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At the heart of general practice since 1960

OA and joint replacement

Bite-sized advice for busy GPs

1

Pain in the hip may herald loosening and impending failure of a total hip replacement, with the need for revision.

2

If this is needed, NICE recommends metal-on-metal resurfacing (MoM), a new technique that involves replacing the damaged surfaces of the hip joint with metal surfaces for young and active patients, removing less bone than with the conventional surgery.

3

Women of child-bearing capacity may not be suitable for MoM prostheses as higher levels of cobalt and chromium have been found after MoM and their effect on the fetus is unknown.

4

Good predictors of pain relief and functional restoration following hip replacement include: patients aged 45-75; weight less than 70kg; good social support; less preoperative morbidity.

5

Primary care management of obesity in those awaiting hip surgery may improve outcome and reduce postoperative morbidity.

6

One of the poor prognostic indicators for revision of a hip replacement is heavy work such as labouring, gardening and foundry work. Liaise with the occupational health department to identify opportunities for rehabilitation and a phased return to modified work.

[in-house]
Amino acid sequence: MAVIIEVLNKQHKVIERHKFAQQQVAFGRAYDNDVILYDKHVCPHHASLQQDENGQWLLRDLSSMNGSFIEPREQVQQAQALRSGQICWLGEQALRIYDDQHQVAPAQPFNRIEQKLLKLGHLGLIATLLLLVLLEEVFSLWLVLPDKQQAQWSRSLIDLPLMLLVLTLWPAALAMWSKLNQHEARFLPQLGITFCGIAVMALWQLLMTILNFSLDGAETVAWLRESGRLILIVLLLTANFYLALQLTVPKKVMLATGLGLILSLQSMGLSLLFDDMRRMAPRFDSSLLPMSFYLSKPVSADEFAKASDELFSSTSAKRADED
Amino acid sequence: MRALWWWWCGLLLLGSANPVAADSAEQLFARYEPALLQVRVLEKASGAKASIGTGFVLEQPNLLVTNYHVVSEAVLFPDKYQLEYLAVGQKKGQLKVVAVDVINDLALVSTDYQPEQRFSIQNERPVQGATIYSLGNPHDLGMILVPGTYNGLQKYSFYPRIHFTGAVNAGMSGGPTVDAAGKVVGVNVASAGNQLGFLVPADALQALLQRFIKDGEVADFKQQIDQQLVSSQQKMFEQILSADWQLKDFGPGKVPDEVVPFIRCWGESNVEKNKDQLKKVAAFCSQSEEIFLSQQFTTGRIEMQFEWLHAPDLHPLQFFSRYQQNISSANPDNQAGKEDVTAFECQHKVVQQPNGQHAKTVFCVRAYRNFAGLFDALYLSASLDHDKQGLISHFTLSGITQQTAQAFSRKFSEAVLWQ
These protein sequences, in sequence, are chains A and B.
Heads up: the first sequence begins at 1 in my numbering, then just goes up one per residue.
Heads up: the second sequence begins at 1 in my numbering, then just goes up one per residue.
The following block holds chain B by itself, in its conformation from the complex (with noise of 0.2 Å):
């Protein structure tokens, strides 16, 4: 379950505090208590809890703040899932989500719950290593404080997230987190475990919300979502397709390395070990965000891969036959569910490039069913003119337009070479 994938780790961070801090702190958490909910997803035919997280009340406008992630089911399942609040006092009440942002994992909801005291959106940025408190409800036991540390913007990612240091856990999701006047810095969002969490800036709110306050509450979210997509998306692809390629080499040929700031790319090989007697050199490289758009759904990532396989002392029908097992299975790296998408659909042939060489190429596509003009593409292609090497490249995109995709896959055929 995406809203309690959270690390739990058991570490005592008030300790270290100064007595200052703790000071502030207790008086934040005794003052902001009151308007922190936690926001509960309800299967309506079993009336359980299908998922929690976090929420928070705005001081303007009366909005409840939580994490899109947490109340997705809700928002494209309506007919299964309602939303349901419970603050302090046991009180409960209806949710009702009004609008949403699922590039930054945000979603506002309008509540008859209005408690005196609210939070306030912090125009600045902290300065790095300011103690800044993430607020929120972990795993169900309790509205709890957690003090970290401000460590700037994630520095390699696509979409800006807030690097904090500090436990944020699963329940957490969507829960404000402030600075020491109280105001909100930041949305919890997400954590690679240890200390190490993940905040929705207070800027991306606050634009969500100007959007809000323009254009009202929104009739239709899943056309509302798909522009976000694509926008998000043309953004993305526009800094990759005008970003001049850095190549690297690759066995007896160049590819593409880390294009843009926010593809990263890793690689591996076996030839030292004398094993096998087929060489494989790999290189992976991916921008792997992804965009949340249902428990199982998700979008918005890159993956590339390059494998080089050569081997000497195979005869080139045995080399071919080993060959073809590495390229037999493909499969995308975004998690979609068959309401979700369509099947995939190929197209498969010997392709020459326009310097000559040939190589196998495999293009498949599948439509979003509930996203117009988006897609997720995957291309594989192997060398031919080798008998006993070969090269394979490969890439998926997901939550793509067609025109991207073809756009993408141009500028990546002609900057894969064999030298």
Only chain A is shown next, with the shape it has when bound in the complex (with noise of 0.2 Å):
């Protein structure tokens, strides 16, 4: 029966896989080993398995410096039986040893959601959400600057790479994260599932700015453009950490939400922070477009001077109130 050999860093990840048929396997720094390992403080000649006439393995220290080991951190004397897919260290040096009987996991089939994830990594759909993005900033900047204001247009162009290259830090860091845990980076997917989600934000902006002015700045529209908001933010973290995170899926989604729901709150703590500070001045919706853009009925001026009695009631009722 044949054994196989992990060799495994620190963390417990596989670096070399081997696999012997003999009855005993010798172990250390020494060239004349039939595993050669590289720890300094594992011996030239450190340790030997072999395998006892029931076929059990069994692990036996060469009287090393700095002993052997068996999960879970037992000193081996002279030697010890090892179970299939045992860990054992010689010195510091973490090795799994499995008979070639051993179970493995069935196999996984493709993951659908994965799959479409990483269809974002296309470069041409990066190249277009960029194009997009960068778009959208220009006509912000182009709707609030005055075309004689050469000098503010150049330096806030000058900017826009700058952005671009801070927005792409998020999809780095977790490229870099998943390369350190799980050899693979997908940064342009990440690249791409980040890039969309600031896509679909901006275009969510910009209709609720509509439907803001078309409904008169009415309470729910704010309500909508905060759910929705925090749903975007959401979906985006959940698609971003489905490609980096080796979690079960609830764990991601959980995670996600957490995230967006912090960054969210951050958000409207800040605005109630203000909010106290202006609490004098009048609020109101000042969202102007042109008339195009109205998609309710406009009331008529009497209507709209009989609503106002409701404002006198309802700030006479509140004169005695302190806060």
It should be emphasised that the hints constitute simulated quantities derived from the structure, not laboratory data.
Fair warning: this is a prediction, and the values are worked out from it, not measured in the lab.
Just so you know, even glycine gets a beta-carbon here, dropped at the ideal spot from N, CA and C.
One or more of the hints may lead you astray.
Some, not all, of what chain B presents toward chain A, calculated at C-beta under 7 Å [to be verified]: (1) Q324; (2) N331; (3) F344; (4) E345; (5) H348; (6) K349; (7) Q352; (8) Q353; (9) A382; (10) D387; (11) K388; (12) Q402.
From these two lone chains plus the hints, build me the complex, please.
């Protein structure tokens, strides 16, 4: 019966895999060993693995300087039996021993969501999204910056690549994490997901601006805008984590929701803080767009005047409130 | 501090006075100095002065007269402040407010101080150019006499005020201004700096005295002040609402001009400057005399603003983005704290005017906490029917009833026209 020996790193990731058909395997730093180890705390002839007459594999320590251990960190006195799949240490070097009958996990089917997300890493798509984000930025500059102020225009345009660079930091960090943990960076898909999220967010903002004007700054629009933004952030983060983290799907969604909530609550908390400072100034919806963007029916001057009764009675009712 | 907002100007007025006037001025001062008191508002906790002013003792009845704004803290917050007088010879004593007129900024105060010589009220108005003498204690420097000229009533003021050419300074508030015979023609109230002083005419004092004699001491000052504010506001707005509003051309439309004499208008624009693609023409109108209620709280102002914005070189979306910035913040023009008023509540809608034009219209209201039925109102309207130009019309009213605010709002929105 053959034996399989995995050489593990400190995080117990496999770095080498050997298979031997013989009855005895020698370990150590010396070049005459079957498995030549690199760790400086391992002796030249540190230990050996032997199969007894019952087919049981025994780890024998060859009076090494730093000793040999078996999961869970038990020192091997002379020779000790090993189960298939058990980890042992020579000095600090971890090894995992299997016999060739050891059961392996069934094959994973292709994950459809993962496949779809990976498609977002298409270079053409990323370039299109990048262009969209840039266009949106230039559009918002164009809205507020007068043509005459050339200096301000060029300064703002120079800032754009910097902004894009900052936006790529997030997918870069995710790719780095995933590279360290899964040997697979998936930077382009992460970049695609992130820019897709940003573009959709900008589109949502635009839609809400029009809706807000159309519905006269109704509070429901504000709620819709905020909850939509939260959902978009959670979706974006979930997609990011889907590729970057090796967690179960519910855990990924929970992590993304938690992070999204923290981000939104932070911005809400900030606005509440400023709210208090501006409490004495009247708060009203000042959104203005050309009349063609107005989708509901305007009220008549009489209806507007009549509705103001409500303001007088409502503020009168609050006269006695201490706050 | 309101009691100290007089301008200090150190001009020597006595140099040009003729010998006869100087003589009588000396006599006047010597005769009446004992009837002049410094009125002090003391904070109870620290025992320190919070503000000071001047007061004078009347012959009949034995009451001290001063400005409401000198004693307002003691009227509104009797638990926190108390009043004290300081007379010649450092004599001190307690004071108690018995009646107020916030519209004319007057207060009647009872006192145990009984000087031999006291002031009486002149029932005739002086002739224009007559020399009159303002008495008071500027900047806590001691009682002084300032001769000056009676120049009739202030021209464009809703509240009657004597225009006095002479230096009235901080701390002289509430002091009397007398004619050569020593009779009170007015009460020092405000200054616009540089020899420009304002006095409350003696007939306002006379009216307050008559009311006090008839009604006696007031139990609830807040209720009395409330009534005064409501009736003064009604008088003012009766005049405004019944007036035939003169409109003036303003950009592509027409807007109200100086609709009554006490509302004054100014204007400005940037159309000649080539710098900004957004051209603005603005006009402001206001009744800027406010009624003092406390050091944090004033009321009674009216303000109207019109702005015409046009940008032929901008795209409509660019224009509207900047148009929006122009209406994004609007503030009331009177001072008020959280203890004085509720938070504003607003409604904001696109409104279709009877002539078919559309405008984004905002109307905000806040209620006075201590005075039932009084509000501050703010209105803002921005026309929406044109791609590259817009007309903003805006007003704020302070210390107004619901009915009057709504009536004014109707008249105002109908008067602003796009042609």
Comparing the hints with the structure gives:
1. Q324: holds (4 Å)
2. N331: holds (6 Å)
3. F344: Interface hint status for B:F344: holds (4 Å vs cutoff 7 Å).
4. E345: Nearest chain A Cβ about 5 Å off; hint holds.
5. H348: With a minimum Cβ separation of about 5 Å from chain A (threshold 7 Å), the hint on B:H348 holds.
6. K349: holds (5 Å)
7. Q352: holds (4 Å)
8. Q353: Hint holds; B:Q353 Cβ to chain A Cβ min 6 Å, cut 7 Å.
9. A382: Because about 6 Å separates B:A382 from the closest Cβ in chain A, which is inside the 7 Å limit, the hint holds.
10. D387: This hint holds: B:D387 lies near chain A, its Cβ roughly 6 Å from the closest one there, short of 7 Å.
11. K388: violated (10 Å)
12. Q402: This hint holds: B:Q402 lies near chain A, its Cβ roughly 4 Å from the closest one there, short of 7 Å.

7

Patient education can help to reduce pain and disability in patients with knee osteoarthritis.1

8

Strength and aerobic exercise programmes, either singly or combined, have been reported to lead to a small to moderate benefit in pain reduction and improve function in patients with osteoarthritis of the knee.2

9

Some studies suggest there is no benefit to injecting steroids into an osteoarthritic knee. Steroids did no better than placebo, which in itself showed a major effect, possibly due to the benefits of aspirating the knee.3

10

Return to driving depends on which side has been operated on; advice from the surgeon is needed. Patients need to be able to comfortably perform an emergency stop and drive without discomfort.

1. Mazzuca SA et al. Effects of self-care education on the health status of inner-city patients with osteoarthritis of the knee. Arthritis Rheum 1997;40:1466-1474

2. Baker K, McAlindon TE. Exercise for knee osteoarthritis. Curr Opin Rheumatol 2000;12:456-463

3. Kirwan JRR. Intra-articular therapy in osteoarthritis. Baillieres Clin Rheumatol 1997; 1: 69-794

Nerys Williams is clinical assistant in orthopaedics, Birmingham

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